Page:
Areas of application
Systemic Listening Therapy can be applied to a wide spectrum of symptoms and disorders. A review of the medical history, a detailed discussion and a differential diagnosis will help determine whether listening therapy can provide the best form of treatment support to the child or adult. Other possible forms of treatment should also be considered during this discussion. In the case of children these could include: occupational therapy, speech therapy, learning therapy or even psychotherapy.
Possible areas of application for children
A: Possible areas of application for children
The aim of listening therapy is to improve the combined function of hearing and the sense of equilibrium within the inner ear.
Listening therapy is principally recommended for:
A I: Problems or disorders of
- Auditory adaptability and sound (acoustic) preprocessing
- Central auditory processing and perception
- Postural control (equilibrium) and muscle tone regulation
A II: Symptoms and Diseases Illnesses
- Global speech, motor or psychological delays
- Language development disorders
- Developmental abnormalities associated with complicated pregnancies and deliveries or premature births.
- Learning difficulties, especially with respect to reading/writing
- Attention disorders
- Emotional abnormalities or disorders, such as shyness, anxiety, phobias, aggression.
- Pervasive developmental disorders, early infantile autism, atypical autism.
- Intellectual disabilities such as Down-Syndrome
- Brain damage, esp. post-partum with spastic paralysis.
- Behavioural problems associated with mental trauma
Symptoms for these disorders could manifest:
- Shrill or weak crying
- Hypersensitivity to specific sounds
- Easily startled
- Little or no response to calls or noise
- Feeding problems
- Poor head control and delayed rolling from back to prone position
During Toddler Age
- Delayed language development
- Poor intelligibility (unclear articulation)
- Slurred “s” and “sch” sounds
- Delayed language comprehension
- Noise sensitivity
- The child misunderstands questions and doesn’t follow prompts.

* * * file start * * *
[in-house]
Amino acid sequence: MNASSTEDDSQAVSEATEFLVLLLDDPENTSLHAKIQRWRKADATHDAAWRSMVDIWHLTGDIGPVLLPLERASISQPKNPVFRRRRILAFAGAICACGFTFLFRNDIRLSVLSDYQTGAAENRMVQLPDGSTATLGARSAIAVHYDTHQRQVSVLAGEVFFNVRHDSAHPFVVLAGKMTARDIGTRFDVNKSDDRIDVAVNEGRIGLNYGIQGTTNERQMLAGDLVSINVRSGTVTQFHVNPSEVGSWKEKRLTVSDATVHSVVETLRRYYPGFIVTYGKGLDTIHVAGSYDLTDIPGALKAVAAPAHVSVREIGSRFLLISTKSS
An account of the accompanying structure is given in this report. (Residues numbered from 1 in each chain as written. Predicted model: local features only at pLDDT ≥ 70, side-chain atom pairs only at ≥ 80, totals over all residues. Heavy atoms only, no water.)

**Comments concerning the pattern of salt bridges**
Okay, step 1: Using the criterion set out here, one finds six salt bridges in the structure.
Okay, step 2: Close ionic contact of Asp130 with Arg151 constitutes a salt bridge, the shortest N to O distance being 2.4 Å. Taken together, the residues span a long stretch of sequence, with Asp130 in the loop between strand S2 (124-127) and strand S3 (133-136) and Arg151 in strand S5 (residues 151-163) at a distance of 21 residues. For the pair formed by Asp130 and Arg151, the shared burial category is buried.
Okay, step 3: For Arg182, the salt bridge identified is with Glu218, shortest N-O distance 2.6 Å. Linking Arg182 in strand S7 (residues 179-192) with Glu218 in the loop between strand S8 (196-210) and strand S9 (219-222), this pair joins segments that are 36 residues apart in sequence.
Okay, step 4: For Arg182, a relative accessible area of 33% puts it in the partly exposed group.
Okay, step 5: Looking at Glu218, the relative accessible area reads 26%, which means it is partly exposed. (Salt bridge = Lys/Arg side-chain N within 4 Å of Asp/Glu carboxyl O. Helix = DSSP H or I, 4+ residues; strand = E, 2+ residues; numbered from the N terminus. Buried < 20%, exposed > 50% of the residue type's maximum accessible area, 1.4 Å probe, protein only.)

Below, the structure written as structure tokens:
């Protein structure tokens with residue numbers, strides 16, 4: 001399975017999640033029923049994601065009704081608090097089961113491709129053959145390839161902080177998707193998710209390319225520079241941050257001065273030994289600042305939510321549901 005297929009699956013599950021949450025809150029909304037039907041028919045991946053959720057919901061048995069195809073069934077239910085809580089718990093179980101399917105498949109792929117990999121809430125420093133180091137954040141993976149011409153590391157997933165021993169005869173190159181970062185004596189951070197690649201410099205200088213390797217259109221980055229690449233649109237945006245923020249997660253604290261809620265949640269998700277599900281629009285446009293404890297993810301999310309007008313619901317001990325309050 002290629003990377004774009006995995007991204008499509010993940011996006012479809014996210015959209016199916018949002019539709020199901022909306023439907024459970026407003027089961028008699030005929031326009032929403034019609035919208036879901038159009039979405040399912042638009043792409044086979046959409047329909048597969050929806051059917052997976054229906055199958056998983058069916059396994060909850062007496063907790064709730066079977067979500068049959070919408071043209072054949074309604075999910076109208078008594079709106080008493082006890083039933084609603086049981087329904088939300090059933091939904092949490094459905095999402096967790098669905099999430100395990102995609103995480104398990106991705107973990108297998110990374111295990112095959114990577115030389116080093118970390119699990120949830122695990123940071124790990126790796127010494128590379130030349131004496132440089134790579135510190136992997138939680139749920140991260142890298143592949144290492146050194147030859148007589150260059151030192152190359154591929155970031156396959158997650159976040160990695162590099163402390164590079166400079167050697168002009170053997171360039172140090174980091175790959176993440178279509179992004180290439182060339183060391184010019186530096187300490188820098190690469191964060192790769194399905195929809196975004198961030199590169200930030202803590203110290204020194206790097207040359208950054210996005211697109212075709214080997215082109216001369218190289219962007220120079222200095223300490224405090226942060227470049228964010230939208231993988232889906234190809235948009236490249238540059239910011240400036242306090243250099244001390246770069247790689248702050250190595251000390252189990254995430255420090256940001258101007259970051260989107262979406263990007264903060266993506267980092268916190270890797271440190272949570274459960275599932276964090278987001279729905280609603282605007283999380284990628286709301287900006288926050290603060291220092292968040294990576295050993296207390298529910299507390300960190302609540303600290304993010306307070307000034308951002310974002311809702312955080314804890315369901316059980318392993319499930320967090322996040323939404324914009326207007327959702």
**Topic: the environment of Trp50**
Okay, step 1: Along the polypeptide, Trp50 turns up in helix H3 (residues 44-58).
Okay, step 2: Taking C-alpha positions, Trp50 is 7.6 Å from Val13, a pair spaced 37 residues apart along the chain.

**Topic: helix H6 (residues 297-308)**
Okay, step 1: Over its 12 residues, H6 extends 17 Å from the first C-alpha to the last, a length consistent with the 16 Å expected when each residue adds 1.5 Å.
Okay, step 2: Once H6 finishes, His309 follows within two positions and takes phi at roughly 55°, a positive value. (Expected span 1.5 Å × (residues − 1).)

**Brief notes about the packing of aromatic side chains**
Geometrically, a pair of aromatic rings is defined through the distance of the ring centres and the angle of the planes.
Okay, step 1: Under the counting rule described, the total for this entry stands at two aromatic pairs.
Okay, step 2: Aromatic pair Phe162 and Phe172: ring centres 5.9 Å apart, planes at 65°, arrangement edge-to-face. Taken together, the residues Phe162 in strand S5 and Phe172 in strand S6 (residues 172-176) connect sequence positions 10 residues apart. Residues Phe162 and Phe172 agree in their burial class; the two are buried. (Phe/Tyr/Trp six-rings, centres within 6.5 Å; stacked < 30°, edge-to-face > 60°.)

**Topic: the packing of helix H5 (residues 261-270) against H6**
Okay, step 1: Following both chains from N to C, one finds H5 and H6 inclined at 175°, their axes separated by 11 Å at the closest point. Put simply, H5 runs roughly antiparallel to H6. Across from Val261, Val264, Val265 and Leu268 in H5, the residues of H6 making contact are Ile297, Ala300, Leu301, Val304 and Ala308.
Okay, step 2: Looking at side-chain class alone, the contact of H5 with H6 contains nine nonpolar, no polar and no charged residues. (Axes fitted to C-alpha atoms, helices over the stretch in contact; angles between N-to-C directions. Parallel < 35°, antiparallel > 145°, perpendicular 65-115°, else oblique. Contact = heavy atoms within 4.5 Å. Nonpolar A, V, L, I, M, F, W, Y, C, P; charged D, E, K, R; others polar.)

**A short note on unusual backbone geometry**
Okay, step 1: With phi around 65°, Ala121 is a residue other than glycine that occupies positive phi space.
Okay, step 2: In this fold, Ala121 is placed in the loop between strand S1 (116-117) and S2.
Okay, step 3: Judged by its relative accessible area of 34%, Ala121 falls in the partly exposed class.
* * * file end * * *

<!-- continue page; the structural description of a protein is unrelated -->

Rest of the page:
- Is easily distracted by sounds
- Although relatively calm and withdrawn at home, the child exhibits increasingly restless and aggressive behaviours, or is even more withdrawn.
- Is unable to identify sounds, gauge the distance and direction from which sounds are coming (maybe more prone to accidents)
- Sings off key and exhibits a poor sense of rhythm.
- Flat, monotone voice
- Muffled, inaccurate speech
- Interchanges similar letters
- Poor fine and gross motor skills; frequent falls
- Avoids balancing, swinging and rocking
- Exhibits difficulties in sequencing
- Exhibits poor sense of confidence
- Reading / writing difficulties
- Limited vocabulary
- Confuses letters
- Weak concentration (poor sustained attention/concentration)
- Easily distracted
- Tires easily
- Shows little enthusiasm
- Isolated, with few friends
- Poor posture
- Coordination problems
- Uncertain about right and left
- Child often appears disoriented, ex. messy, disorganized
- Doesn’t seem to understand much and has to be addressed multiple times
- Poor self-confidence
- Problems with grasping language flow, grammar, and/or foreign language vocabulary
Not all symptoms have to occur simultaneously! Establishing certain selection criteria can help determine whether listening therapy is preferred treatment method amongst the multitude of available treatment methods.
Areas of application for adults
B. Areas of application for adults
B. I: Specific hearing disorders
- Sudden Hearing Loss
- Ménières disease
- Certain forms of hearing loss
As with any of the aforementioned conditions, a preliminary examination by an ENT (Ear, Nose and Throat specialist) is mandatory. In these cases listening therapy is rarely curative, but can provide a significant relief of symptoms. In the case of tinnitus, symptoms may at first appear to worsen. This may be the result of more sensitized ability to hear.
B. II: psychological and psychosomatic areas application
- Burn out, midlife crisis
- Episodes of depression
- Anxiety, phobias
- As a supplement to a psychodynamic psychotherapy or psychoanalysis
- As a personal experience
- As part of a wellness program for the psyche: a recovery time, or taking time out for oneself.
- Sleep Disorders
- Functional spinal problems
- To regenerate and improve the quality of life with age
B. III: Somatic (bodily) areas of applications
- Rehabilitation after a stroke
- Multiple sclerosis
- Voice disorders, dysphonia
Patients with neurological disorders who undergo listening therapy experience a multitude of benefits. By primarily targeting lower frequencies they can experience an improved sense of balance, proprioception and muscle tone.
In stroke patients with hemiparesis, additional bone vibrators are attached to the paralyzed side of the body. Attaching them to the extremities, such as the wrist or leg improves sense of feeling and can improve motor coordination and reduce spasticity.
Listening therapy can also be effective against possible secondary conditions, such as in the case of depression in response to an illness.
B IV: For pregnant women who are preparing for birth
Listening therapy in the last month of pregnancy has been shown to reduce the birthing time as well as improve postnatal development in children at a hospital in Vesoul, France.
Special areas of application in the field of education
C: Special areas of application in the field of education
- Foreign language integration
- To improve voice and singing abilities
- To improve musical competence
Listening Therapy has its roots in the treatment of voice and singing problems. The founder of listening therapy discovered that listening disorders were the cause of the voice problems that professional singers were experiencing. He developed the “electronic ear” in order to improve ability of singers to hear and listen.